The Climate SPHINX (Stochastic Physics HIgh resolutioN eXperiments) project is a comprehensive set of ensemble simulations aimed at evaluating the sensitivity of present and future climate to model resolution and stochastic parameterisation. The EC-Earth Earth system model is used to explore the impact of stochastic physics in a large ensemble of 30-year climate integrations at five different atmospheric horizontal resolutions (from 125 up to 16 km). The project includes more than 120 simulations in both a historical scenario (1979–2008) and a climate change projection (2039–2068), together with coupled transient runs (1850–2100). A total of 20.4 million core hours have been used, made available from a single year grant from PRACE (the Partnership for Advanced Computing in Europe), and close to 1.5 PB of output data have been produced on Super- MUC IBM Petascale System at the Leibniz Supercomputing Centre (LRZ) in Garching, Germany. About 140 TB of postprocessed data are stored on the CINECA supercomputing centre archives and are freely accessible to the community thanks to an EUDAT data pilot project. This paper presents the technical and scientific set-up of the experiments, including the details on the forcing used for the simulations performed, defining the SPHINX v1.0 protocol. In addition, an overview of preliminary results is given. An improvement in the simulation of Euro-Atlantic atmospheric blocking following resolution increase is observed. It is also shown that including stochastic parameterisation in the low-resolution runs helps to improve some aspects of the tropical climate – specifically the Madden–Julian Oscillation and the tropical rainfall variability. These findings show the importance of representing the impact of small-scale processes on the large-scale climate variability either explicitly (with highresolution simulations) or stochastically (in low-resolution simulations).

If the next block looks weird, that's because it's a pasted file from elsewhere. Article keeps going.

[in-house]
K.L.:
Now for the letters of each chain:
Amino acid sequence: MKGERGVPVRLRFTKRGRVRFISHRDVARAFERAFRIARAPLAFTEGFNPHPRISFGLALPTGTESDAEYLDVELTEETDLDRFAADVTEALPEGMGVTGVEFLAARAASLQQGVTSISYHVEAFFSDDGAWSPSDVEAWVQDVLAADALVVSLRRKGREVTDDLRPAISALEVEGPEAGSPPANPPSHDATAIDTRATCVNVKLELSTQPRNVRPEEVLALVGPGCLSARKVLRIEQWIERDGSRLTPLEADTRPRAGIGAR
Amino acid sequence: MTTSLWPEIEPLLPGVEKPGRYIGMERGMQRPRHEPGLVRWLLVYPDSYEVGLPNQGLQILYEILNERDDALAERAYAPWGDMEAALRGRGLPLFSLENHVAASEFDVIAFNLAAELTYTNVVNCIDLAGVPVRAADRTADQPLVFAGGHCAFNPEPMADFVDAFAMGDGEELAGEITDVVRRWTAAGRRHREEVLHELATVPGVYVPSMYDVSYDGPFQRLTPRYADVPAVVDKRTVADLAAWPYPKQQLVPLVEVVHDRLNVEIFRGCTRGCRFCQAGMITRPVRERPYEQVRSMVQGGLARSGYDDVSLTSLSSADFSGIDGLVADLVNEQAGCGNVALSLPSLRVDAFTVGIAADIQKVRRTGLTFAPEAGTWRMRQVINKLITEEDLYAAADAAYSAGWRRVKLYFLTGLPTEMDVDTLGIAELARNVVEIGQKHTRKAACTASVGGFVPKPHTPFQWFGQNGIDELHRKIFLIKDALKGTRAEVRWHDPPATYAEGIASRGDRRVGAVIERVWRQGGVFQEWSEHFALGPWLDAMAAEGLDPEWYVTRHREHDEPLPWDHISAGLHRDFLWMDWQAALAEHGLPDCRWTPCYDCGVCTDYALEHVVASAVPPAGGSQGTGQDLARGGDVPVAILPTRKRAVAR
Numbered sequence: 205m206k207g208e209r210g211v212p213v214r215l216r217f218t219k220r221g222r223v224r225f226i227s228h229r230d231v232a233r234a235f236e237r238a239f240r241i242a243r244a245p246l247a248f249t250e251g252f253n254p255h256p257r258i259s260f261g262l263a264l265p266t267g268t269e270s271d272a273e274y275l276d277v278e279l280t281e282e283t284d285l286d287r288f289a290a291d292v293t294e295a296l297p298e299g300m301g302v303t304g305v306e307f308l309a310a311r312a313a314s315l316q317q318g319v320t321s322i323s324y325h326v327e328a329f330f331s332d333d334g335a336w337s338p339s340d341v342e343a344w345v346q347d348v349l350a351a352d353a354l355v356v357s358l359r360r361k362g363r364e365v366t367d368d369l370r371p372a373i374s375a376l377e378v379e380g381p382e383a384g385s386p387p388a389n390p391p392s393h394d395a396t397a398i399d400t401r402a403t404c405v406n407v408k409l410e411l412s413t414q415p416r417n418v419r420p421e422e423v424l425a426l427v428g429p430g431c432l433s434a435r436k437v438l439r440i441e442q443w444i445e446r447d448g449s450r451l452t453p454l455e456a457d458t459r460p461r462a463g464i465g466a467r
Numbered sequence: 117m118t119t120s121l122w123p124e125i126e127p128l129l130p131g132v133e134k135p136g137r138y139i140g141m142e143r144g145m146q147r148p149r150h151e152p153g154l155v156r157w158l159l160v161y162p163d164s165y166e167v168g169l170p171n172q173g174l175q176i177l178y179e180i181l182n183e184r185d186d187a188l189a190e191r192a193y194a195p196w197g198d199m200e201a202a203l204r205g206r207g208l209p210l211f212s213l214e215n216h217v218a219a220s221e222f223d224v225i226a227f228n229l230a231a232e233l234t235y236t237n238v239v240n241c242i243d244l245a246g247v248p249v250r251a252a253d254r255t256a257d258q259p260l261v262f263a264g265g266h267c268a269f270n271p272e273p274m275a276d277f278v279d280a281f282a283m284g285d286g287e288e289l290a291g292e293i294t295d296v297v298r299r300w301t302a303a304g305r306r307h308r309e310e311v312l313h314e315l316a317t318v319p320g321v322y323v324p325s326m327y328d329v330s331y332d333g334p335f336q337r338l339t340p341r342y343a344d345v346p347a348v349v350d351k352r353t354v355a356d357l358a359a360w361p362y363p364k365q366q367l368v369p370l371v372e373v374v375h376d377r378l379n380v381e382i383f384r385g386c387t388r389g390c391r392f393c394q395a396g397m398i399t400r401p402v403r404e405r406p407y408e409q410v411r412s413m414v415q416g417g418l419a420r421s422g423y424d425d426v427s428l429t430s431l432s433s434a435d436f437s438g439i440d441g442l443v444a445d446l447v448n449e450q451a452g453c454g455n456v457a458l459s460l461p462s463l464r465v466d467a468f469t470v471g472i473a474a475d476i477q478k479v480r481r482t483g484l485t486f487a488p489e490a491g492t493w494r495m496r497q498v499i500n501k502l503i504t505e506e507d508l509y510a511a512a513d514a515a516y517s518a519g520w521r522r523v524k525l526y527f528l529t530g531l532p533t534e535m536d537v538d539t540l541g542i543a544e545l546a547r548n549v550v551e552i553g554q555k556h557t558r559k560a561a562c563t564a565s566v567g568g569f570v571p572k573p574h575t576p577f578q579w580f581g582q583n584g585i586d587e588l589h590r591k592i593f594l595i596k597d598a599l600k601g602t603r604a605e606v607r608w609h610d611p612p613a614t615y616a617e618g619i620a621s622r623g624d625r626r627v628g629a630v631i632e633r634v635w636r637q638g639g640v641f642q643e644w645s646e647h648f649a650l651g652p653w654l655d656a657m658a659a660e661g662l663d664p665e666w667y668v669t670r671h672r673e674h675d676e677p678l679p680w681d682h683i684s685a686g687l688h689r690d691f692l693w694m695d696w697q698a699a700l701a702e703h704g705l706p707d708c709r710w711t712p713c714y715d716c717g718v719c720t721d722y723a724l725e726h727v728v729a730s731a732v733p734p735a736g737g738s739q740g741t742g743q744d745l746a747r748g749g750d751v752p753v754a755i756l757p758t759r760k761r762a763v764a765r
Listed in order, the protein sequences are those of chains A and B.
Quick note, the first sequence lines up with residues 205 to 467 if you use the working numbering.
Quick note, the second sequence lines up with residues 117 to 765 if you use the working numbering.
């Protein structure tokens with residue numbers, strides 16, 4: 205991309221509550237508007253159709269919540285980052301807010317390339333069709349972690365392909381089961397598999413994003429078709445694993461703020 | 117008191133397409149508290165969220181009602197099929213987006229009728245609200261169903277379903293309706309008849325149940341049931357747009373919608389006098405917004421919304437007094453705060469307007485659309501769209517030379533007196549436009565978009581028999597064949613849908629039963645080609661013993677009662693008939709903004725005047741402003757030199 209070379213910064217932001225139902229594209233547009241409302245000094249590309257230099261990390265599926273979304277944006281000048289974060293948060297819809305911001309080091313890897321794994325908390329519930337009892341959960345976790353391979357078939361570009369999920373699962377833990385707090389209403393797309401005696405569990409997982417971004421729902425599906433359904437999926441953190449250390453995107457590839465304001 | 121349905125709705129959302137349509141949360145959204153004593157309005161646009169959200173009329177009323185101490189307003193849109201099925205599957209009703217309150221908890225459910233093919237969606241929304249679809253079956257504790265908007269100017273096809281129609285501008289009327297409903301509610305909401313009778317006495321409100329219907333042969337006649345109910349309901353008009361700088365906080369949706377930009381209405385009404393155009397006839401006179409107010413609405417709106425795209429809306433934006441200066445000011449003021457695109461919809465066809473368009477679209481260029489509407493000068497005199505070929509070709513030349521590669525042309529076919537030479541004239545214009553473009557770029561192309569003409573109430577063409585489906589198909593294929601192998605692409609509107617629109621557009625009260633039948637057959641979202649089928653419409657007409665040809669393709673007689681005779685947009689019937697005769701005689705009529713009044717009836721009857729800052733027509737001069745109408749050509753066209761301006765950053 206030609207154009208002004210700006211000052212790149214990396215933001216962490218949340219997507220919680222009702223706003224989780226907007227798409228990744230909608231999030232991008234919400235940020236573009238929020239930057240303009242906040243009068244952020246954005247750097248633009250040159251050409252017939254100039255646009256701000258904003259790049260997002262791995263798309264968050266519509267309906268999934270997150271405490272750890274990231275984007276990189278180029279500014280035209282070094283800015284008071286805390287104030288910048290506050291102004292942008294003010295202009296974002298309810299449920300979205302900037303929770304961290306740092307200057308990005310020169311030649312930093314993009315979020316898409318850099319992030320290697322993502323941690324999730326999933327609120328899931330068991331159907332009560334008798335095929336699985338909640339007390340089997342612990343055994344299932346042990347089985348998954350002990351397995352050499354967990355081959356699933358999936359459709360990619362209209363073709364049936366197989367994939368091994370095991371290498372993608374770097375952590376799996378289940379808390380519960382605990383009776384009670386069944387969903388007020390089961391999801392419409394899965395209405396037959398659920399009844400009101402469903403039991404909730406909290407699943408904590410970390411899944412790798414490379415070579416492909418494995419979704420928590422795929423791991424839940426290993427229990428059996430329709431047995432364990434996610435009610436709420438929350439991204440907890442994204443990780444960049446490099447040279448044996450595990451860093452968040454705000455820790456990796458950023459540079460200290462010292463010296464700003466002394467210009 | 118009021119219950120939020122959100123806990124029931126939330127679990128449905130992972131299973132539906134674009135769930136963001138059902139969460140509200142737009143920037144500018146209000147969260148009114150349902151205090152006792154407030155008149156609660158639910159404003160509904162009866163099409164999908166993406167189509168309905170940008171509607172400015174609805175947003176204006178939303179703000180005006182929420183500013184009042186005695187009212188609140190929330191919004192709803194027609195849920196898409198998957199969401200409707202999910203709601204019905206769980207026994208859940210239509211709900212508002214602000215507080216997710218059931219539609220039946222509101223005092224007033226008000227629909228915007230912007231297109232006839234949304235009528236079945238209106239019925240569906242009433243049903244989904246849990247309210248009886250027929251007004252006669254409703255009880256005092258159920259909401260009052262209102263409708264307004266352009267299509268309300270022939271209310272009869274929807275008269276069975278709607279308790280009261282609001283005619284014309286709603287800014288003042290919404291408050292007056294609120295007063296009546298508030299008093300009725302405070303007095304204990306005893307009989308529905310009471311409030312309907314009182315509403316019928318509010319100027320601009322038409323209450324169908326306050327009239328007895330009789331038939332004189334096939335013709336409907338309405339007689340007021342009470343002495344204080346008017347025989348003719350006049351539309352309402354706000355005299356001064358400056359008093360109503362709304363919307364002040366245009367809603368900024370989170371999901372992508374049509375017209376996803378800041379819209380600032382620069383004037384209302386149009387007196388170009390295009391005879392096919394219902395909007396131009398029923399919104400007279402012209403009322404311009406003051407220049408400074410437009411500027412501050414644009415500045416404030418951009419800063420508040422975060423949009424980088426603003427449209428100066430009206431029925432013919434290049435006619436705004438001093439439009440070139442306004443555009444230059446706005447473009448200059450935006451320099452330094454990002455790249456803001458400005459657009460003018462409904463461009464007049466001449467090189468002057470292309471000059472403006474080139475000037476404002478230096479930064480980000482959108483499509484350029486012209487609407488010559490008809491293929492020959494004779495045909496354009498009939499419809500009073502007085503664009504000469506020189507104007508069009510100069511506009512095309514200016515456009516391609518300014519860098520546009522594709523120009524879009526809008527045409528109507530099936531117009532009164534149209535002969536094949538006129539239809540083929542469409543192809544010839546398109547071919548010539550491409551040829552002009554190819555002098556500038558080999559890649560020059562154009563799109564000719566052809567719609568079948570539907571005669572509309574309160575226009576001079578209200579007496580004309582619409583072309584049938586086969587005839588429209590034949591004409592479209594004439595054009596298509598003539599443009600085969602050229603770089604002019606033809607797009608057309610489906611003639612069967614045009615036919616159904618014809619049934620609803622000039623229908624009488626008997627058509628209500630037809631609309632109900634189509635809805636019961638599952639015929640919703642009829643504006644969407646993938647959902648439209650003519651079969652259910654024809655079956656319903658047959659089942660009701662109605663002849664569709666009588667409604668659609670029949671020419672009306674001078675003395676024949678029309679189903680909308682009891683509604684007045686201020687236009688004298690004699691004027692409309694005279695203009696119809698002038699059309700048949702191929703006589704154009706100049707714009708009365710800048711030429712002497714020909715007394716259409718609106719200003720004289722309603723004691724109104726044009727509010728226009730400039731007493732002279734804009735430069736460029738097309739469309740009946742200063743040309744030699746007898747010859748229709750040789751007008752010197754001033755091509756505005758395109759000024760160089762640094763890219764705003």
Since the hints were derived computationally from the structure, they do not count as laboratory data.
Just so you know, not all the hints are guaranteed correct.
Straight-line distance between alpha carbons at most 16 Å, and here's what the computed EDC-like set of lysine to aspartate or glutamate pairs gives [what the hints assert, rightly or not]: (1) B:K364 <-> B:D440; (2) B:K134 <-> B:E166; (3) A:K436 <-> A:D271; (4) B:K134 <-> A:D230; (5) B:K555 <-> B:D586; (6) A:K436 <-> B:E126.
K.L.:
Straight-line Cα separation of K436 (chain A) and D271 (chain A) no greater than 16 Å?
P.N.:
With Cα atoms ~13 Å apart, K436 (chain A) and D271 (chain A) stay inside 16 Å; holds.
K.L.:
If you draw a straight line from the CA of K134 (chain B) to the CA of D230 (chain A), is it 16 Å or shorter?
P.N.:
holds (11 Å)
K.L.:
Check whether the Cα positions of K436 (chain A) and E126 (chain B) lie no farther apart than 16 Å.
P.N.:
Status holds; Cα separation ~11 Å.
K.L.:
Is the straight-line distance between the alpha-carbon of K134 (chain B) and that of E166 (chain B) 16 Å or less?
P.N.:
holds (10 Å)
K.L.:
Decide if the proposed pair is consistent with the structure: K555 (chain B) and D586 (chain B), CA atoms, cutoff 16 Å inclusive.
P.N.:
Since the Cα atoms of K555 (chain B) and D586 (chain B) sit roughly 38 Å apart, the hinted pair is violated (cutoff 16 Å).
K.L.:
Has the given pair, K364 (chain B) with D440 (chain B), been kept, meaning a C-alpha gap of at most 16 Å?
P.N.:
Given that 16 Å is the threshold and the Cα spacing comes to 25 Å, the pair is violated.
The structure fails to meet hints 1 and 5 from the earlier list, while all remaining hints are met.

Stochastic parameterization: Towards a new view of weather and climate models

Bulletin of the American Meteorological Society American Meteorological Society 98 (2017) 565-588

J Berner, U Achatz, L Batté, L Bengtsson, A De la Cámara, HM Christensen, M Colangeli, DRB Coleman, D Crommelin, SI Dolaptchiev, CLE Franzke, P Friederichs, P Imkeller, H Järvinen, S Juricke, V Kitsios, F Lott, V Lucarini, S Mahajan, TN Palmer, C Penland, M Sakradzija, J-S Von Storch, A Weisheimer, PD Williams